"In the past these collapses were local. But now we have one giant civilization feeding on the whole Earth. In the past 100 years, our population has grown by about four times, yet our demands on nature (both consumption and pollution) have grown by at least forty times. I do think more and more people are becoming aware of this, and we're seeing good work towards efficiency and conservation. But which will win: wisdom, or greed? I don't know. But I do know our history is not encouraging here."
On the issues that bother him most
"The widening gap between rich and poor for one, both within nations and between them. Upward concentration of wealth ensures that there can never be enough to go around, especially when both population and consumption keep increasing as if our little world were infinite. Despite some reduction of poverty as a percentage of the human race, the number of people in dire poverty has not fallen -- it is greater than the world's whole population in 1900. That's not progress. Equally worrying is our failure to deal with climate change -- largely because of sabotage by vested interests who have promoted 'doubt' as a reason not to act. This isn't a left/right issue; it's a matter of our civilization's life or death."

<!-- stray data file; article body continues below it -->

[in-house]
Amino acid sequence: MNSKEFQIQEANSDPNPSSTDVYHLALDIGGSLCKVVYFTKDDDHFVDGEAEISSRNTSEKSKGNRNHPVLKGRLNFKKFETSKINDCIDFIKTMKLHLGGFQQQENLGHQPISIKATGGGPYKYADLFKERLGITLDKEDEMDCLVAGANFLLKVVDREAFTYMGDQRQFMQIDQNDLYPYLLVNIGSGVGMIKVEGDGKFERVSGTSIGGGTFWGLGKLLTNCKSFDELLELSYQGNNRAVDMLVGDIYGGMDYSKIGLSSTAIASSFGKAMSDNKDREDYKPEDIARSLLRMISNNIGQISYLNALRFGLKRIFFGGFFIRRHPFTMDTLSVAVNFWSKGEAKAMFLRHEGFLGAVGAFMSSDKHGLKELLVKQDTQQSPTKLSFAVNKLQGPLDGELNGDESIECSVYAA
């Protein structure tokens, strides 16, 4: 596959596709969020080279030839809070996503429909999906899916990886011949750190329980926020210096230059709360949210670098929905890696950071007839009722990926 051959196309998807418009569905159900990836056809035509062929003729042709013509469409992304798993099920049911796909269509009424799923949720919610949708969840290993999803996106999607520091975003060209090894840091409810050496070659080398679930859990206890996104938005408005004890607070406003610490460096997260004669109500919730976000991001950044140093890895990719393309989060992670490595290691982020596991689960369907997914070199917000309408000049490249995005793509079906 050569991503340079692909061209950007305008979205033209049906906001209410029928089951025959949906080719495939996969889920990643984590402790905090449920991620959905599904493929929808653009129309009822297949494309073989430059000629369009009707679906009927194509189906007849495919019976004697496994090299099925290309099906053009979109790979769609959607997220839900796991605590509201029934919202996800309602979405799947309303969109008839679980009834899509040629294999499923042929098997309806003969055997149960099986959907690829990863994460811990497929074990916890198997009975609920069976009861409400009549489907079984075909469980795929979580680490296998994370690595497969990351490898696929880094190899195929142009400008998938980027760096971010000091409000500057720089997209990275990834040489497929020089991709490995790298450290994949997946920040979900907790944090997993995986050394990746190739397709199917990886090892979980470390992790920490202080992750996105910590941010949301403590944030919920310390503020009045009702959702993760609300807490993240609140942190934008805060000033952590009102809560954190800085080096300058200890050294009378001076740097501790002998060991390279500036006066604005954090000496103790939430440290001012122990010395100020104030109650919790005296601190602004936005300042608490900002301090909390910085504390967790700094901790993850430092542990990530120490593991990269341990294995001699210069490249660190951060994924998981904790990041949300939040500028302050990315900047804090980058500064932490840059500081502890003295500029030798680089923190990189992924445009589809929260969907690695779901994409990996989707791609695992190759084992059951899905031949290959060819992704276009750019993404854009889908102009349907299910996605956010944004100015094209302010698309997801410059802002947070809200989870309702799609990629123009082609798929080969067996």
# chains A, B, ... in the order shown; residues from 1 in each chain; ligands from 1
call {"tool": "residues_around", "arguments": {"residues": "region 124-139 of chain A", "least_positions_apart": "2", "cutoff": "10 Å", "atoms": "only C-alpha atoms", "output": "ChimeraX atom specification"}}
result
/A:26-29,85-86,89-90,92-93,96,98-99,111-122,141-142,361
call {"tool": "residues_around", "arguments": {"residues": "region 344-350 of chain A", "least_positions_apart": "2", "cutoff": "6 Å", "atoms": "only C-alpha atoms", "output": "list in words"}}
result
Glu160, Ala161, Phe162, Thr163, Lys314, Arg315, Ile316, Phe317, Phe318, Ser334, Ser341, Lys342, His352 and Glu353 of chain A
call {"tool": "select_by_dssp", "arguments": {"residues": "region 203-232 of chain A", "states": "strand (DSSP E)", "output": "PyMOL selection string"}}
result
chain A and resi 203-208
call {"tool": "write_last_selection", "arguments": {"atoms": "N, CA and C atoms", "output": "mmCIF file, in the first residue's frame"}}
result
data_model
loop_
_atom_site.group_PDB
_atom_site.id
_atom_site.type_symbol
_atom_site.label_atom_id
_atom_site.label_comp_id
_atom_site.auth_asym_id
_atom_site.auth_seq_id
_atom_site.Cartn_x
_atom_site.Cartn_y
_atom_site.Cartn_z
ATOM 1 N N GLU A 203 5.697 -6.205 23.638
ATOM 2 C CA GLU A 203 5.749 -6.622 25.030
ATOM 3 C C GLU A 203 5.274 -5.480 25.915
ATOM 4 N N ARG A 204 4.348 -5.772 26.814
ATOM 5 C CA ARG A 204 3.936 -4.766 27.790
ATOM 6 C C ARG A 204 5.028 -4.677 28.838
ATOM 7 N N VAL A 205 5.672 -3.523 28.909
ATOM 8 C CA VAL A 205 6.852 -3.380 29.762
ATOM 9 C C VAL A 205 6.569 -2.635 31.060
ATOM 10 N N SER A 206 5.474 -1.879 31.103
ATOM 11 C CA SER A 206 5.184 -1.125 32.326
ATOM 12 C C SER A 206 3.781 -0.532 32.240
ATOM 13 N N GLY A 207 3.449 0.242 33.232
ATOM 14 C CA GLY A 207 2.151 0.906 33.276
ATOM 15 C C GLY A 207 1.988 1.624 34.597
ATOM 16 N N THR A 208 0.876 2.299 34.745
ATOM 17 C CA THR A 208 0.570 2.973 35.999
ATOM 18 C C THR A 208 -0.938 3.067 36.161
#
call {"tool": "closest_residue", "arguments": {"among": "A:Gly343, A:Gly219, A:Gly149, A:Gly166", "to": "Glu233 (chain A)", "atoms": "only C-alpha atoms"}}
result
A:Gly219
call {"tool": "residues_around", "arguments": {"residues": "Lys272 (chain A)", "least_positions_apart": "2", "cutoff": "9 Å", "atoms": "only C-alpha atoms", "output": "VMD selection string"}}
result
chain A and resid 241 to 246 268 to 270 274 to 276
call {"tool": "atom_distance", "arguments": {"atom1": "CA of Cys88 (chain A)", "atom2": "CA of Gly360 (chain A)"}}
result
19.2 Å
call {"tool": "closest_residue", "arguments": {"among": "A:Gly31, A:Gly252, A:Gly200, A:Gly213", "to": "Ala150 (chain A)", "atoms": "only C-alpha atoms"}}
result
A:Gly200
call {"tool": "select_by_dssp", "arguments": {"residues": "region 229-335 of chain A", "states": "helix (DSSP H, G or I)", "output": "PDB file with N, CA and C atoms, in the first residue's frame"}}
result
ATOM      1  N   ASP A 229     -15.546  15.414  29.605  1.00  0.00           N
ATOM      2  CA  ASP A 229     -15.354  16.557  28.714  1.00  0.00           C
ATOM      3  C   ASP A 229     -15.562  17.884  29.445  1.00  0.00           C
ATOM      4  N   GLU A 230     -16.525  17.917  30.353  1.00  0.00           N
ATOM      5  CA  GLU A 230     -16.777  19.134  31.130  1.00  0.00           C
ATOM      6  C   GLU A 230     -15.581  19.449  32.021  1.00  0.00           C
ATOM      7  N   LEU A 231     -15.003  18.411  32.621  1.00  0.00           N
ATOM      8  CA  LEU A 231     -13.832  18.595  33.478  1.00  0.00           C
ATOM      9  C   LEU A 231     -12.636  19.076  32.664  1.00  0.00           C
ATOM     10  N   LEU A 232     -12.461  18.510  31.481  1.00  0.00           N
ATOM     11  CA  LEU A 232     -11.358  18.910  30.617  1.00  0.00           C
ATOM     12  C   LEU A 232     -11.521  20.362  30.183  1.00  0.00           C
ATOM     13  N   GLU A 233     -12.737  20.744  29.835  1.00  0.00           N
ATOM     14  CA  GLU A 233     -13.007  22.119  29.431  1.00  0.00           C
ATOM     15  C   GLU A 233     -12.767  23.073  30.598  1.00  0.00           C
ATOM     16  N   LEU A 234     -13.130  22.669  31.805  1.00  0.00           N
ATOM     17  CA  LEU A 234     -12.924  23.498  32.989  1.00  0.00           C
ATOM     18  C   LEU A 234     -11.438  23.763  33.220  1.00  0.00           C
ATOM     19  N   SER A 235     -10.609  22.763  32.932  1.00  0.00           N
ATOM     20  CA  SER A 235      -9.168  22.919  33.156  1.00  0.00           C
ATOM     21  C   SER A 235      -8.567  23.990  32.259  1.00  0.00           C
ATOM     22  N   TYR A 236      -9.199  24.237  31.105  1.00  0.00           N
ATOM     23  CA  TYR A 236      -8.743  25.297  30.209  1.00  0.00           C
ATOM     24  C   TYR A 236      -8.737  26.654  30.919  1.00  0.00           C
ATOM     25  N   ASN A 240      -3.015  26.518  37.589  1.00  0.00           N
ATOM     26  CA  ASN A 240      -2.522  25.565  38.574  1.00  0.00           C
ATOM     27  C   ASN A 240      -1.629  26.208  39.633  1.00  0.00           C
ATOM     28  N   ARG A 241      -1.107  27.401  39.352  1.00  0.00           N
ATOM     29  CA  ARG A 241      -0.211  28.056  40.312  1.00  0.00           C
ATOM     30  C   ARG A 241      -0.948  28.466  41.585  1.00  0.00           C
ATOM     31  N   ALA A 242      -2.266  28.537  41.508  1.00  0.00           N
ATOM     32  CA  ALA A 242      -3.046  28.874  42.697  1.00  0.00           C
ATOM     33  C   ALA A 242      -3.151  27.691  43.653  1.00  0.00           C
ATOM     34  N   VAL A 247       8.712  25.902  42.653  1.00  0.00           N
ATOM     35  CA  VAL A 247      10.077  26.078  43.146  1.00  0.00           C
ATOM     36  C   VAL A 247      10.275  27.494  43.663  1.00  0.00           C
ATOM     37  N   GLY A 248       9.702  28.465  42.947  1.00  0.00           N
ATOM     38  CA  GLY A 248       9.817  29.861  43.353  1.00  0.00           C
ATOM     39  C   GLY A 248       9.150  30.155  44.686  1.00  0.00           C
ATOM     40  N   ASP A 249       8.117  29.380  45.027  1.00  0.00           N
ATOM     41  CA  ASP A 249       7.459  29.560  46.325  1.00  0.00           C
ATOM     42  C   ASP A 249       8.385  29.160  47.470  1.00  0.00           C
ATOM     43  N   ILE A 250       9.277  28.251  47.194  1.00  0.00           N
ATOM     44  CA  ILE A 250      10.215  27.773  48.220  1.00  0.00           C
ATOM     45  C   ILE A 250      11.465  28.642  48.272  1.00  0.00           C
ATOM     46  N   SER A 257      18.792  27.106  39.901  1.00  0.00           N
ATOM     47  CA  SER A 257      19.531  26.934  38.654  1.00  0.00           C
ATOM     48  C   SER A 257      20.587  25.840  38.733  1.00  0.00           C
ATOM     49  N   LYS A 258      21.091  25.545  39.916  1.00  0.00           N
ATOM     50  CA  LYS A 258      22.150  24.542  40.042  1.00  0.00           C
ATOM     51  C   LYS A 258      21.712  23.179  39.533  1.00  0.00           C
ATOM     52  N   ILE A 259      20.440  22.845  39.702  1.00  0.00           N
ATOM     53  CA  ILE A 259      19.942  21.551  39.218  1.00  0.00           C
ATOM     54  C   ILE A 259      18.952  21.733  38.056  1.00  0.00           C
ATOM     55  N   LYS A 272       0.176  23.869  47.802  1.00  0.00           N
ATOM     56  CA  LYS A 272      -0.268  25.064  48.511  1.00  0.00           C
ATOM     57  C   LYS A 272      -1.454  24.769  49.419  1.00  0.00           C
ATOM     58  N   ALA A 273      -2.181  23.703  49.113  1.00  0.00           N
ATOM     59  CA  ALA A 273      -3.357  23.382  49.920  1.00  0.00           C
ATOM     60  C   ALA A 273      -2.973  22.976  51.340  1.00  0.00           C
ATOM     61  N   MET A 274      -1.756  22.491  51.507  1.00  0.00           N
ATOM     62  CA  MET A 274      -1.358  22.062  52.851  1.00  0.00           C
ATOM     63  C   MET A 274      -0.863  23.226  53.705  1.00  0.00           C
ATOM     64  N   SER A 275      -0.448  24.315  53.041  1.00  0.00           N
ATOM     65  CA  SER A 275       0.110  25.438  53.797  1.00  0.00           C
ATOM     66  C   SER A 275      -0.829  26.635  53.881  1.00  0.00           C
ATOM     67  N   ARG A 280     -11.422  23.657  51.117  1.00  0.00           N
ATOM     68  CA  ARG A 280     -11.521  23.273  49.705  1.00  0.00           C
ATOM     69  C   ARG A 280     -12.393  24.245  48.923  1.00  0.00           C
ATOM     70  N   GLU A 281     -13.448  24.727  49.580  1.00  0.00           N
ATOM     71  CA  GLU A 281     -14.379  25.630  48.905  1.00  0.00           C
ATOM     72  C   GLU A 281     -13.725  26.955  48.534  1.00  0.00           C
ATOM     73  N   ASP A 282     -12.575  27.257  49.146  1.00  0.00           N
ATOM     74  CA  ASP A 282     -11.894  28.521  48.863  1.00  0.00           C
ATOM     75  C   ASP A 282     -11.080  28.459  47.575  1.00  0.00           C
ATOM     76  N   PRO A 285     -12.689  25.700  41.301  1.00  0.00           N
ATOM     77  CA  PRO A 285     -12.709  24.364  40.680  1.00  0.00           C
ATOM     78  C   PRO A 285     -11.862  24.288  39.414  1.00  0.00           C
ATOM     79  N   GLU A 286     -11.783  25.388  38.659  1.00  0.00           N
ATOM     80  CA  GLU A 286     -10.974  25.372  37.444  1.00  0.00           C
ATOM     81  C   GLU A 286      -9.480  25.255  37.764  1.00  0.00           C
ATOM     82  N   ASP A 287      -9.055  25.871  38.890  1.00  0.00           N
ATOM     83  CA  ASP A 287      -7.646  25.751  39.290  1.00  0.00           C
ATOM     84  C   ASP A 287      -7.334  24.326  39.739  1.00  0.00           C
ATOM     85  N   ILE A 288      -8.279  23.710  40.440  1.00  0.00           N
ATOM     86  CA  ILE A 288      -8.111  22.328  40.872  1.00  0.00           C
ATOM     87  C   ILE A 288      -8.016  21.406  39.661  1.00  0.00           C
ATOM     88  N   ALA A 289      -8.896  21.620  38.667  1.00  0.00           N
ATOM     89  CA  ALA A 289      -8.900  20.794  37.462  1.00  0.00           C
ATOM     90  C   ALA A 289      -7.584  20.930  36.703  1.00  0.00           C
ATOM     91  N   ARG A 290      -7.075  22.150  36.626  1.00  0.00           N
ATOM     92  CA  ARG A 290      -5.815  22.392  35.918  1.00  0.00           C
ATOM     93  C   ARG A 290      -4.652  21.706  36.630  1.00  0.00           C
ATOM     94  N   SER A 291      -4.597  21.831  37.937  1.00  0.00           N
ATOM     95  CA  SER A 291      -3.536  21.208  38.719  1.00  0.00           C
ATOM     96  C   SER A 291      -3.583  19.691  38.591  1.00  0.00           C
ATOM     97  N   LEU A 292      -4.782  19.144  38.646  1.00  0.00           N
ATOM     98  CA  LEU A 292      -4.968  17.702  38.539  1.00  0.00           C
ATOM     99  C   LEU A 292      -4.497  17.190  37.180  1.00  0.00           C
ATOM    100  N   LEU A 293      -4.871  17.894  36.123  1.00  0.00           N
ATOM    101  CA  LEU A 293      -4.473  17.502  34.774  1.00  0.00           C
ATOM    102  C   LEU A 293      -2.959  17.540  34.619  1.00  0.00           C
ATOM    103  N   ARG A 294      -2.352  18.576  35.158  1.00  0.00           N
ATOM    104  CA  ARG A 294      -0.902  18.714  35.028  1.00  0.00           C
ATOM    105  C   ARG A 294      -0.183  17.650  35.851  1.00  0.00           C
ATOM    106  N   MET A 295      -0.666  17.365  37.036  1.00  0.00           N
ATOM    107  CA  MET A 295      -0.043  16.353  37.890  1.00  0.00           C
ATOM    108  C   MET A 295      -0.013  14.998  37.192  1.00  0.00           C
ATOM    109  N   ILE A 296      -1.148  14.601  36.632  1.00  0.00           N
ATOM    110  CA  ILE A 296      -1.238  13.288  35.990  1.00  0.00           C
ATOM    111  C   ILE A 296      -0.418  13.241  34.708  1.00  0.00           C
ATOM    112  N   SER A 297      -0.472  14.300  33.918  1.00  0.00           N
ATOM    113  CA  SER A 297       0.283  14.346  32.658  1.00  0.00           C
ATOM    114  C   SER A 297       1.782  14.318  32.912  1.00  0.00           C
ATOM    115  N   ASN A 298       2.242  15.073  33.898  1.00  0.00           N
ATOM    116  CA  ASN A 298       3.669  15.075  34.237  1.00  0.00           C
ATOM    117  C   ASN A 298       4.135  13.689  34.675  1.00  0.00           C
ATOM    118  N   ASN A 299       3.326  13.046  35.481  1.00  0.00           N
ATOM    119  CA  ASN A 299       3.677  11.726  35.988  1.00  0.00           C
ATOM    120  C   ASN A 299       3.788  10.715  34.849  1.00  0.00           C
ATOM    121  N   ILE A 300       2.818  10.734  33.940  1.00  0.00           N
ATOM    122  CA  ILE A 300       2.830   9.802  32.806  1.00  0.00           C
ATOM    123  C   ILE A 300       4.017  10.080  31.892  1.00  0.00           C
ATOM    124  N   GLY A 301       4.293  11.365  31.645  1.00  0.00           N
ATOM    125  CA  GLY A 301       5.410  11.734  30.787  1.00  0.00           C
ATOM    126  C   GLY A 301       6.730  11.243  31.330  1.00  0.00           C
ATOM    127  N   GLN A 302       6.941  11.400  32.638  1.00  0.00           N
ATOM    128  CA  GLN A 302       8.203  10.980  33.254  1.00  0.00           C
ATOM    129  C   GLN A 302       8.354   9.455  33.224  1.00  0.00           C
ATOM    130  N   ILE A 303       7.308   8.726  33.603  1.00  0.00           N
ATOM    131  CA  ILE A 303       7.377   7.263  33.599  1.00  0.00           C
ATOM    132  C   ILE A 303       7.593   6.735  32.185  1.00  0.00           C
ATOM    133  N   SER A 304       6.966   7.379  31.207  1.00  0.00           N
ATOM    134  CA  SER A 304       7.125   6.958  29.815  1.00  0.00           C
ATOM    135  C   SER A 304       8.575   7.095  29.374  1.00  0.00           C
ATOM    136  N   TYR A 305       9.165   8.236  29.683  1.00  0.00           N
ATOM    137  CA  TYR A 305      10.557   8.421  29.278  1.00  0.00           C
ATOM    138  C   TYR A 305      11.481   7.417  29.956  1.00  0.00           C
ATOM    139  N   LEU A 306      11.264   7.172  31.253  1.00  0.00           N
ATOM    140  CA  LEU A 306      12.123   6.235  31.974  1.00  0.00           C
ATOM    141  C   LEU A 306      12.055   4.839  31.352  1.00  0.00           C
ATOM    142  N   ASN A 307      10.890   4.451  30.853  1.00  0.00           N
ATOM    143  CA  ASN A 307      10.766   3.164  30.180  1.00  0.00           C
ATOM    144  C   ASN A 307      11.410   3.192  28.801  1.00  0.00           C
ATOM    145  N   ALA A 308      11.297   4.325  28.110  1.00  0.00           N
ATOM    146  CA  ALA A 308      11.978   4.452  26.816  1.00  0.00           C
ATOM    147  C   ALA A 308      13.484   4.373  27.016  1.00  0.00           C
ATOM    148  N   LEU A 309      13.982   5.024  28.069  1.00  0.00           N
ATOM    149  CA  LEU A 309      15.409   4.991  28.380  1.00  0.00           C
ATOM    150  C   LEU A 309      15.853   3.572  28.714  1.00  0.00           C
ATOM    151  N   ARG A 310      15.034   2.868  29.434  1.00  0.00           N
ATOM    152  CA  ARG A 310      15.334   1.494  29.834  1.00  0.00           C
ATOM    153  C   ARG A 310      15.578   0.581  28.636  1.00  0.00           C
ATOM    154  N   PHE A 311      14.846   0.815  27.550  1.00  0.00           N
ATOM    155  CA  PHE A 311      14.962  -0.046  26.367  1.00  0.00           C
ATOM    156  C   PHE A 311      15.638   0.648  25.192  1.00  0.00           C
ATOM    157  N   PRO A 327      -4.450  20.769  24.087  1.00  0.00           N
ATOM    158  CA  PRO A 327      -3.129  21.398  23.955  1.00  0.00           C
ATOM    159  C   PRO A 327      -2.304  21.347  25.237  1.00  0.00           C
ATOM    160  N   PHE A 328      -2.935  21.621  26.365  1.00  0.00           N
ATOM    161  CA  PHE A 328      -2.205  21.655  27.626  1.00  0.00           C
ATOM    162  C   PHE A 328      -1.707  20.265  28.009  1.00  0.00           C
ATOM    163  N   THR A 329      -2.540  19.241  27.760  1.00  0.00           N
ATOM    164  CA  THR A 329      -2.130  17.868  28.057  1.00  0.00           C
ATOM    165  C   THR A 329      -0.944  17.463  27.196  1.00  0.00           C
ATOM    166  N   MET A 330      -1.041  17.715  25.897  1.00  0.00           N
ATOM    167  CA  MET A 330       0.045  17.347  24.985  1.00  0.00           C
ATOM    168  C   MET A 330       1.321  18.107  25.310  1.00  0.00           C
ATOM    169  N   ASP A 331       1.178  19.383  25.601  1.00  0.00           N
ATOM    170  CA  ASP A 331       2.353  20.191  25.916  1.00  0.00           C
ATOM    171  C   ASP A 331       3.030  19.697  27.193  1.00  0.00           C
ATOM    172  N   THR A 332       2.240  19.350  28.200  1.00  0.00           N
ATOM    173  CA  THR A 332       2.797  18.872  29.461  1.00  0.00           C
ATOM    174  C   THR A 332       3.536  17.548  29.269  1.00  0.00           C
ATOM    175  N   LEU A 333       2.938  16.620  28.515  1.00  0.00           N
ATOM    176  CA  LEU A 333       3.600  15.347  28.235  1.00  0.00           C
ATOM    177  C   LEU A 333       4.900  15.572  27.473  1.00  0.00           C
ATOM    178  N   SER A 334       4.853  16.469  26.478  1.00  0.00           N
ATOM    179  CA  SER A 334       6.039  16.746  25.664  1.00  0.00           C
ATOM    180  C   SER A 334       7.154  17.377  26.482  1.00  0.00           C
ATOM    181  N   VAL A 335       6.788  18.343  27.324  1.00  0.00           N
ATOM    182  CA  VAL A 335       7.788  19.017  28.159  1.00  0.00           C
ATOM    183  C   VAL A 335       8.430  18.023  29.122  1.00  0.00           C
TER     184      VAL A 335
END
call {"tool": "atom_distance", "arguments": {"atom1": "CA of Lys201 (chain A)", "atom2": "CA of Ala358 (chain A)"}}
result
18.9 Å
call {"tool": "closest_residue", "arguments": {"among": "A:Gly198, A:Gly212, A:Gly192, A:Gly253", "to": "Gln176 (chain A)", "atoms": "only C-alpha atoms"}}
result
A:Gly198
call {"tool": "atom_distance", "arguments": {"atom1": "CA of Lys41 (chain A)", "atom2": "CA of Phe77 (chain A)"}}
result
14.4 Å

On why so little is being done
"Short-term political and economic cycles, when long-term worldwide planning and adoption of 'the precautionary principle' are needed. We are overwhelmed by the pressures and appetites of the present moment, by the endless distractions of the web and the relentless clamour of advertising to buy the latest toys.
"Societies behave much like individuals. They find it very hard to change their behaviour and give up self-destructive habits until circumstances force them to do so. It took two world wars before Europeans decided they could not go on slaughtering one another as they had for thousands of years. One war should have been enough. But in the end real progress was made by the formation of the European Union. Long may it last. Let's not forget the tough lessons of the first half of the 20th century."
On redefining 'success'
"Success is defined by the final outcome. We may say, for example, that we have been 'successful' in avoiding atomic war since 1945. But the great powers still hold enough nuclear weapons to wipe out all higher life on this planet. We will not be truly successful in this area until those weapons are destroyed -- and not replaced by other means of mass destruction."
On whether technology can save us
"People who know much more about science than I do have pointed out that we have all the technology we need to live well and solve our present problems. We do not lack the right tools. What we lack is the political will to apply them, to come to grips with very difficult cultural patterns -- especially as this must be done urgently and fairly on a world basis. On the other hand, powerful new technologies such as bio-engineering, nanotechnology, and artificial intelligence will inevitably bring new Progress Traps that we cannot foresee."
On whether he has faith in humanity
"Ask me that in 2050. By then things will either be much better or much worse. If they are worse, then we can only conclude that Nature was unwise to give apes big brains and let them take over the laboratory."
Ronald Wright gives a free public lecture on Sept. 26 at 5 p.m., at UBC's Cecil Green Park House as part of the "Utopia/Dystopia: Creating the Worlds We Want" lecture series organized by the UBC Creative Writing Program.